But before I proceed to the main event, let me drop a fact or two as to the importance of Jermaine Lemarr Cole.

Firstly, the thing that makes him indispensable to Hip Hop is that he is unapologetically loyal to himself, his meaningful lyrics and the art form of rhyming over a beat. No frills. No gimmicks. He even famously acknowledged his early career radio-friendly misstep "Work Out" on the song "Let Nas Down" from his sophomore album Born Sinner.

"Granted, my heart was tainted/ By my mind that kept on sayin’/ "Where’s the hits? You ain’t got none/ You know Jay’ll never put your album out without one."

Fact two. He’s gone Platinum with no features. Twice. TWICE I TELLS YA! First of all he accomplished this on an album that this writer right here considers a classic in 2014 Forrest Hills Drive. The first album in 24 years to do so (the last one being Vanilla Ice, but let’s move very swiftly on). Second was with 4 Your Eyez Only, which received a lukewarm reception by comparison.

Okay, let’s swan dive into the reason you’re here: the show itself.

First things first, a disclaimer. This was a single listen-through in a room of no more than 700 people. Therefore this is not a review. These are base on first impressions.

Second things second. This is probably the closest I’ll ever get to being in the studio with an artist as they wrap listening to their album.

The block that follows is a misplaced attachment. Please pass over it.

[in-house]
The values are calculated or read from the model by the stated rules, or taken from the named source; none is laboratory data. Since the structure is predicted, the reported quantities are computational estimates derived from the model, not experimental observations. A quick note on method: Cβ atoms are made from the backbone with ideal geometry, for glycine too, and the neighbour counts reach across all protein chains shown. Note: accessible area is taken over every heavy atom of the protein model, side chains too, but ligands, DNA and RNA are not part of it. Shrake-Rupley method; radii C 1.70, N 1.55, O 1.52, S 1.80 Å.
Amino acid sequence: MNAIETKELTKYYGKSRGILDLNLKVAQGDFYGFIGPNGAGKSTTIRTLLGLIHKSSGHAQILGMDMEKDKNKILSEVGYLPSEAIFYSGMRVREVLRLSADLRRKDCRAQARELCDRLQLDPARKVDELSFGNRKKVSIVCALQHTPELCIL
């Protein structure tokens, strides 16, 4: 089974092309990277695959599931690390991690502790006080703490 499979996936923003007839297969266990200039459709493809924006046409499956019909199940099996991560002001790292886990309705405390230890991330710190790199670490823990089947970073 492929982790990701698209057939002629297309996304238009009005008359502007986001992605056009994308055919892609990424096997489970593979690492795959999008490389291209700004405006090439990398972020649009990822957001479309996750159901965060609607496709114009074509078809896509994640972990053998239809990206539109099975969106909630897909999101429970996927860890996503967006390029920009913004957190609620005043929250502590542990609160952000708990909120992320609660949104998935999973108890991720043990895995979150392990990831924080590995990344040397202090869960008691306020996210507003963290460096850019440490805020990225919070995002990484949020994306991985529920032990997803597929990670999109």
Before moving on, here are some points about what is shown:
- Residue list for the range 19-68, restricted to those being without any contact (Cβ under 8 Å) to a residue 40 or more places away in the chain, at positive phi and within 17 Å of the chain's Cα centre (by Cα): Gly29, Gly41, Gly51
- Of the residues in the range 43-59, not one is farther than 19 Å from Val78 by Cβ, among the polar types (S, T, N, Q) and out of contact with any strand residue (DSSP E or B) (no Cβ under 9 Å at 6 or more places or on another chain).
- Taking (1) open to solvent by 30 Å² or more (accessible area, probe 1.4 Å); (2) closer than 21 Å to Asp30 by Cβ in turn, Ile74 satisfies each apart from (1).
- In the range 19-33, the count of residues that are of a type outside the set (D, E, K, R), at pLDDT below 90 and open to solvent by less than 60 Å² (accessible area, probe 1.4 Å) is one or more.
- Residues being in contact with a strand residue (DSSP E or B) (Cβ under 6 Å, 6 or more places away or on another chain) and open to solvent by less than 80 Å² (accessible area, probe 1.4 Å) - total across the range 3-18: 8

Now remember how there were no phones allowed? Upon entering Village Underground we were all ordered to switch ours off, before we handed them to someone who slid them into a padded case, sealed with a pin that needed a magnet to undo.

Cole was welcomed on stage to rapturous applause sporting his very understated, relatable attire - a white t-shirt that simply said "Jamaica" on it, and grey joggers. No chains, no accessories, no flashiness, no bullshit.

"How the fuck y’all get here so quick?" he joked with his opening line as he scanned the crowd inside the venue.

He went on to explain that this album was recorded in 13 days, just before he went on his 4 Your Eyez Only Tour - however he removed three songs in order to replace them with three others that he deemed raised the quality of the album.

The next topic for discussion? The theme of the album. Just what the hell does K.O.D. even stand for?